Other courses include Myofascial Therapy, Traditional Chinese Medicine, Hand and Foot Reflexology, Acupressure, Energy Work, Rocking and Shaking, and Aromatherapy. There are also classes that cover anatomy, physiology, kinesiology, business, and marketing. Each campus has its own student massage clinic.
This school, which has been in operation for more than 70 years, has campuses in Los Angeles, Ontario, and Costa Mesa.
The 38-week massage therapy program features 750 hours in classrooms and 407 hours in practical settings. Required courses are Swedish Massage, Massage for Special Needs Population, and Therapeutic Communication.
Other classes include Deep Tissue; Myofascial Release and Neuromuscular Therapy; Spa Treatments, Aromatherapy, and Stone Massage; Assessment, Treatment Plan, and Clinical Massage; Nontraditional and Alternative Bodywork Therapies; and Ethics, Business, and Professional Development. Students also perform externships.
There are several options here. All except the first one meet the state council’s certification requirements; and each covers anatomy, physiology, and therapeutic massage (plus a massage lab).
Massage Practitioner Certificate of Training — up to 357 hours, 12-24 months, with a kinesiology class
Massage Therapist Certificate of Training — up to 561 hours, nine to 12 months, with sports massage and clinical massage classes
Massage Therapist Certificate of Achievement — up to 1,173 hours, 12-24 months, with core courses including First Aid, CPR, and Medical Terminology (in addition to many electives)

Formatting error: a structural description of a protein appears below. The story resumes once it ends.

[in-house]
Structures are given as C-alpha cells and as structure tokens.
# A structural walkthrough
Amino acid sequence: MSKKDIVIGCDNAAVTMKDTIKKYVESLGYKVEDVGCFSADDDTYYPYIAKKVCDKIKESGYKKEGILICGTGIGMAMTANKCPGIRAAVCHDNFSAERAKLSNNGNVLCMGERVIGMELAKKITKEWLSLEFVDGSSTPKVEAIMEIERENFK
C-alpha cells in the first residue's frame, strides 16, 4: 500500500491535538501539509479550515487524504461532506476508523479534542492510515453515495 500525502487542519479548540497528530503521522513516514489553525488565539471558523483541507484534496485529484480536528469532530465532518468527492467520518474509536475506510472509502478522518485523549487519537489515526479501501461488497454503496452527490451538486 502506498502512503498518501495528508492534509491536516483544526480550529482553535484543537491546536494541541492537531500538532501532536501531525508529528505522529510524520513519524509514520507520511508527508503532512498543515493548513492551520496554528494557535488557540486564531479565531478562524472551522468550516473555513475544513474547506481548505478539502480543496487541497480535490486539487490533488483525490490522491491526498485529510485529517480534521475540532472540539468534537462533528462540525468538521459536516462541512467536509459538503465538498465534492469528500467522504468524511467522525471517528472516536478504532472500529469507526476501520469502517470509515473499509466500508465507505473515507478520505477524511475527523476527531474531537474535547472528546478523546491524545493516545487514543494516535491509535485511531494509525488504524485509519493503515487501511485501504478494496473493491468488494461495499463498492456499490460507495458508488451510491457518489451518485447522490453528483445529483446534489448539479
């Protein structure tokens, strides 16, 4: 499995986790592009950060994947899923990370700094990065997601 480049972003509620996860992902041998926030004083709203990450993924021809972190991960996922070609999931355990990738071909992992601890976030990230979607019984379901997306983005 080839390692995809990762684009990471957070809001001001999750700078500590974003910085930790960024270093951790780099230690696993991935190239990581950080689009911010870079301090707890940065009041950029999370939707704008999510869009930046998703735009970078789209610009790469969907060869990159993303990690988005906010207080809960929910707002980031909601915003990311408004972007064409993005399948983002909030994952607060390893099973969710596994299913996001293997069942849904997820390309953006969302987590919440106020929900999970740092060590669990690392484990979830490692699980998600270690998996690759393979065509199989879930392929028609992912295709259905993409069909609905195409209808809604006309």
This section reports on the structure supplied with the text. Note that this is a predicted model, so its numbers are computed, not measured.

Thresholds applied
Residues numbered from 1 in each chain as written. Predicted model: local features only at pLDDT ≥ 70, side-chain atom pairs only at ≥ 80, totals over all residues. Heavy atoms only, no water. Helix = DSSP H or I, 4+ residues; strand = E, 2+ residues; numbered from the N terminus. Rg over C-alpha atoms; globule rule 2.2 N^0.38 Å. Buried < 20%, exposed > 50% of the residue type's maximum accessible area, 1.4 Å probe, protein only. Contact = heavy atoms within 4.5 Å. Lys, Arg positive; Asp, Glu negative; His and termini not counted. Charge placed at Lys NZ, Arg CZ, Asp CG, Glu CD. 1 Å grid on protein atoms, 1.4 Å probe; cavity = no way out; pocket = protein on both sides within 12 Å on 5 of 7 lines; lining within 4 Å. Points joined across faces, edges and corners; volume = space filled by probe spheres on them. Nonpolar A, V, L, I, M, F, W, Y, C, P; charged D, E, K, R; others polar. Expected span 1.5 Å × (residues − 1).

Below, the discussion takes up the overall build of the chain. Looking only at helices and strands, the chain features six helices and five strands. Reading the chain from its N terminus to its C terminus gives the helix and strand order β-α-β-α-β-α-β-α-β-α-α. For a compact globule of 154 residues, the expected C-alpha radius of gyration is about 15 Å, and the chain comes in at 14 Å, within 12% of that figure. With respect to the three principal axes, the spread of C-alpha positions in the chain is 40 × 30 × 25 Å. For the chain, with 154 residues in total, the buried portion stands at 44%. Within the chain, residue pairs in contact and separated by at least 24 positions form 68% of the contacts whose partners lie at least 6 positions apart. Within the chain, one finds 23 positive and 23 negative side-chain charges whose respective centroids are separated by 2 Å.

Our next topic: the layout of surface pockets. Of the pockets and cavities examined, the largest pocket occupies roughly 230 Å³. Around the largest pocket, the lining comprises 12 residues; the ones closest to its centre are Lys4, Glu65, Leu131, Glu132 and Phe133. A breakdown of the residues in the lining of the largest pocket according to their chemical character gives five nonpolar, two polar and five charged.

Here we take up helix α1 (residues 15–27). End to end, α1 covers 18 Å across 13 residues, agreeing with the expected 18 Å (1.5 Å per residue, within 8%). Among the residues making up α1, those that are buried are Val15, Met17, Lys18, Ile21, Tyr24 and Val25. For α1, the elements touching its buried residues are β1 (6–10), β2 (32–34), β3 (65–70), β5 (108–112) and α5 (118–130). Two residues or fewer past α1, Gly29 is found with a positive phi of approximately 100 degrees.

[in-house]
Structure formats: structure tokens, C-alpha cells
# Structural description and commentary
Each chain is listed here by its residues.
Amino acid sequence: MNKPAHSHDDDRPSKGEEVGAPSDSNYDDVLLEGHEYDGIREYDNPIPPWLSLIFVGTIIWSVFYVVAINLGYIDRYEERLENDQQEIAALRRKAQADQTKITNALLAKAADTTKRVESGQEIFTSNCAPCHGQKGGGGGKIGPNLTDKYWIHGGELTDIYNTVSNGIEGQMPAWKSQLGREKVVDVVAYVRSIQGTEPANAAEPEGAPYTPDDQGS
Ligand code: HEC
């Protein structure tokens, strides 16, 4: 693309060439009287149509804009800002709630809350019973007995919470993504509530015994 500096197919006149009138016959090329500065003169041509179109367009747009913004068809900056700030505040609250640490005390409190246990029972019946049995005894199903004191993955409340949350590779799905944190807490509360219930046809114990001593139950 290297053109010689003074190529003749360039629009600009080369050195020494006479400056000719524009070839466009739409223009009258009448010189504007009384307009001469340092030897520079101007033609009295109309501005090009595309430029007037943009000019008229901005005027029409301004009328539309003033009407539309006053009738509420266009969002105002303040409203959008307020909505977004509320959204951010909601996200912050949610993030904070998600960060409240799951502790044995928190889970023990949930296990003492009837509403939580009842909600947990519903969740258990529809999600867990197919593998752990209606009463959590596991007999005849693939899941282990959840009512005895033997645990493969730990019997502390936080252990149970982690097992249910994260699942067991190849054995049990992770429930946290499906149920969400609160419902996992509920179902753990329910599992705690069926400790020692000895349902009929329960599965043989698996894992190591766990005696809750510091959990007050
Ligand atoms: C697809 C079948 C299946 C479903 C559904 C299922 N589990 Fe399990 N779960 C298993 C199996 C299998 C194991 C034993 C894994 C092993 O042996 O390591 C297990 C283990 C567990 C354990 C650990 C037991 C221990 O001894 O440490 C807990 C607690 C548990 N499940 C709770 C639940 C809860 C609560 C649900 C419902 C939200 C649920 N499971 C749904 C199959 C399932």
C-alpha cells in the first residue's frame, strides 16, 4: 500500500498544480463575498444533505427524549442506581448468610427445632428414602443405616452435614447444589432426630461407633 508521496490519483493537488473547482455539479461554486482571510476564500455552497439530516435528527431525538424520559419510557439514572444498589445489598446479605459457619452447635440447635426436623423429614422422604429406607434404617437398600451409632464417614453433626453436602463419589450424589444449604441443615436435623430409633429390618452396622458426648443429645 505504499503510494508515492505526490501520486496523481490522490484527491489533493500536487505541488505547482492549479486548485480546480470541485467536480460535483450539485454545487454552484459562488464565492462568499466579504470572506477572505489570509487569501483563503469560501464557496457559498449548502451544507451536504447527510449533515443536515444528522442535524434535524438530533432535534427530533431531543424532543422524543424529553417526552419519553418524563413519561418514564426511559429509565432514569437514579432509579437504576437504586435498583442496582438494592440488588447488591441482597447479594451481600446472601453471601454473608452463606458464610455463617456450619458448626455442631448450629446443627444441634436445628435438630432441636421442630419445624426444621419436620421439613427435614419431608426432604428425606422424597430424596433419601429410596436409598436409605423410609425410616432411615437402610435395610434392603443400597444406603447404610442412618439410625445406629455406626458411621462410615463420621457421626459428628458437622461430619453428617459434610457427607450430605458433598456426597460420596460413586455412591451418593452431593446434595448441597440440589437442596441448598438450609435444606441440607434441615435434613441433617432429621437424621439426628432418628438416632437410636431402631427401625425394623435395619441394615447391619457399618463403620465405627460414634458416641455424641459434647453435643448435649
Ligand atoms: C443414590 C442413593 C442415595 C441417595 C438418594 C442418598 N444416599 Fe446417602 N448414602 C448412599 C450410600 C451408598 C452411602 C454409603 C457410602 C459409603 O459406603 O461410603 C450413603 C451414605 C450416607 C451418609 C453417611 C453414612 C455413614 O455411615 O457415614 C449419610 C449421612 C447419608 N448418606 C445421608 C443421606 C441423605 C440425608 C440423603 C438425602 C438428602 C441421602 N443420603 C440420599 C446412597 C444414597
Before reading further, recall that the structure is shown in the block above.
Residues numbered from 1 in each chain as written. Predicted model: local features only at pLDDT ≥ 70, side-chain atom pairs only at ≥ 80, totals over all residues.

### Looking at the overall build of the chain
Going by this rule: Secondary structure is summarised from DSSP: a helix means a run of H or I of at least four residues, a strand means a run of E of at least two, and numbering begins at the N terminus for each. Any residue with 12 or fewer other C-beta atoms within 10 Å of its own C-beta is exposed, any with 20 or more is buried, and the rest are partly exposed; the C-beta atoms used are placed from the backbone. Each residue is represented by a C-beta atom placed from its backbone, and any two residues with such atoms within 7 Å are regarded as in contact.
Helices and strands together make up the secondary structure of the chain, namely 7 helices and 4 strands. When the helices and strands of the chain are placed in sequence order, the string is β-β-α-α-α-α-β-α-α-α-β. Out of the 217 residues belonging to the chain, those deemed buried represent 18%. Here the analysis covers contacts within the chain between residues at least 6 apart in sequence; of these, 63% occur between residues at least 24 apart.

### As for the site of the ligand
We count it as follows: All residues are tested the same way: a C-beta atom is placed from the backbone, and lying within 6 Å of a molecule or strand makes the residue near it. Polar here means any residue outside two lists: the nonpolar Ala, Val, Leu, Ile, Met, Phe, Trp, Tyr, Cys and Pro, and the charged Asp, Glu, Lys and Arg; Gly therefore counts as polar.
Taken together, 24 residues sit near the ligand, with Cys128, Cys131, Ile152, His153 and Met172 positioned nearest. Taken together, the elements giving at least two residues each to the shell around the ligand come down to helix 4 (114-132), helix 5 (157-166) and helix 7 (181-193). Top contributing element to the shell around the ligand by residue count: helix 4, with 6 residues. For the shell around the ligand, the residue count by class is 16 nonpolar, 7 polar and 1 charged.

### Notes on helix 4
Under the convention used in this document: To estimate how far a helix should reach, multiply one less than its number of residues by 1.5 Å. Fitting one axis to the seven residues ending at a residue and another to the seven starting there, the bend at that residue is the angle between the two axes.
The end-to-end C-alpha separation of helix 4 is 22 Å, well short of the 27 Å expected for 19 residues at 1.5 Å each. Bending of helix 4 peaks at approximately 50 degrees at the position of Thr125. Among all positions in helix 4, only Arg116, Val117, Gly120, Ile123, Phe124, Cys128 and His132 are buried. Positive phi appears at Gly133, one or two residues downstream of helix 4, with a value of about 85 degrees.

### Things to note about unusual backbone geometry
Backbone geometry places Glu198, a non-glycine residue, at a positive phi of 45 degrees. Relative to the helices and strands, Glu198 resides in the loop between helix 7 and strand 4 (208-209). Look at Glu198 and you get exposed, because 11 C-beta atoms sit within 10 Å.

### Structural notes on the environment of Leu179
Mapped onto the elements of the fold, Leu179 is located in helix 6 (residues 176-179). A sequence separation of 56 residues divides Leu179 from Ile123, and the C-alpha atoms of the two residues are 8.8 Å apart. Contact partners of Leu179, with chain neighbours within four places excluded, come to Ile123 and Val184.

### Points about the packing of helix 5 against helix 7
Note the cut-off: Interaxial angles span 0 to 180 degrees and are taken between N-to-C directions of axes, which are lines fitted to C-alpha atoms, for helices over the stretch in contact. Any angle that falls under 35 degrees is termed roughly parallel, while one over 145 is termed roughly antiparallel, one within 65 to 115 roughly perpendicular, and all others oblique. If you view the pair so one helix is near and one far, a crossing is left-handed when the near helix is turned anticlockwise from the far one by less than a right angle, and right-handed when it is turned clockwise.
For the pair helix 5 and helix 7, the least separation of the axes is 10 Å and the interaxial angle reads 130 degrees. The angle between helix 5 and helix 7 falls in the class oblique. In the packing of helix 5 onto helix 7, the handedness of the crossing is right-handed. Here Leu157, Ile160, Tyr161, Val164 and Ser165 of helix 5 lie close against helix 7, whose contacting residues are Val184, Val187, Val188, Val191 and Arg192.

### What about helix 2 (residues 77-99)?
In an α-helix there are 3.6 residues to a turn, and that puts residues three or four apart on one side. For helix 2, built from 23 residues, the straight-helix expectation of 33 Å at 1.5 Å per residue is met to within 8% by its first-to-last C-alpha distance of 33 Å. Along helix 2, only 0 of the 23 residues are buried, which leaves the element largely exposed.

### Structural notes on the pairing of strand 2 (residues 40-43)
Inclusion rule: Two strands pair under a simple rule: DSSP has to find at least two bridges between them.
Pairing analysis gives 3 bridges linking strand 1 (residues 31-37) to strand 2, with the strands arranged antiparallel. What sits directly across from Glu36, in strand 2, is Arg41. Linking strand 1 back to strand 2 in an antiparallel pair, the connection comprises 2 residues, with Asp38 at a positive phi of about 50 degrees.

Massage Therapy Associate in Science degree
Massage Therapist Advanced Certificate
Located in Bruno, Skyline issues certificates of achievement to students who complete 32-38 units (600 contact hours) in two semesters.
Required courses are Massage Theory and Practice; Holistic Health Science; Massage Techniques and Clinical Experience; Pathology and Pharmacology; Clinical Kinesiology and Applied Biomechanics for Manual Therapy; Sports Medicine and Manual Therapy; Asian Bodywork Traditions Theory and Practice; Introduction to Consciousness, Intent, and Meditation; and Conscious Eating: A Sustainable Approach to Health and Healing.
Students choose from among 14 additional classes.. They then may pursue advanced certificates for holistic, complementary, alternative, or integrative medicine in various therapies.
In 2016, the number of positions in this profession in California was 26,900. The figure will rise to 34,700 by 2026, according to the U.S. Bureau of Labor Statistics (BLS). That would be a 29 percent job-growth rate, faster than the projected national average of 26 percent.
The most California massage therapy positions are found in the Los Angeles-Long Beach-Glendale metropolitan area. Napa has the most practitioners per capita in the country, with the San Rafael region placing third.
BLS data show that the top 10 percent of earners receive an annual salary of about $68,500 or an hourly wage of nearly $33 in California, less than the national medians of about $77,500 and more than $37. The average practitioner makes more than $36,650 (almost $18 per hour) in the state, compared with about $40,000 (in excess of $19 hourly) nationwide.
Sources: U.S. Bureau of Labor Statistics, CareerOneStop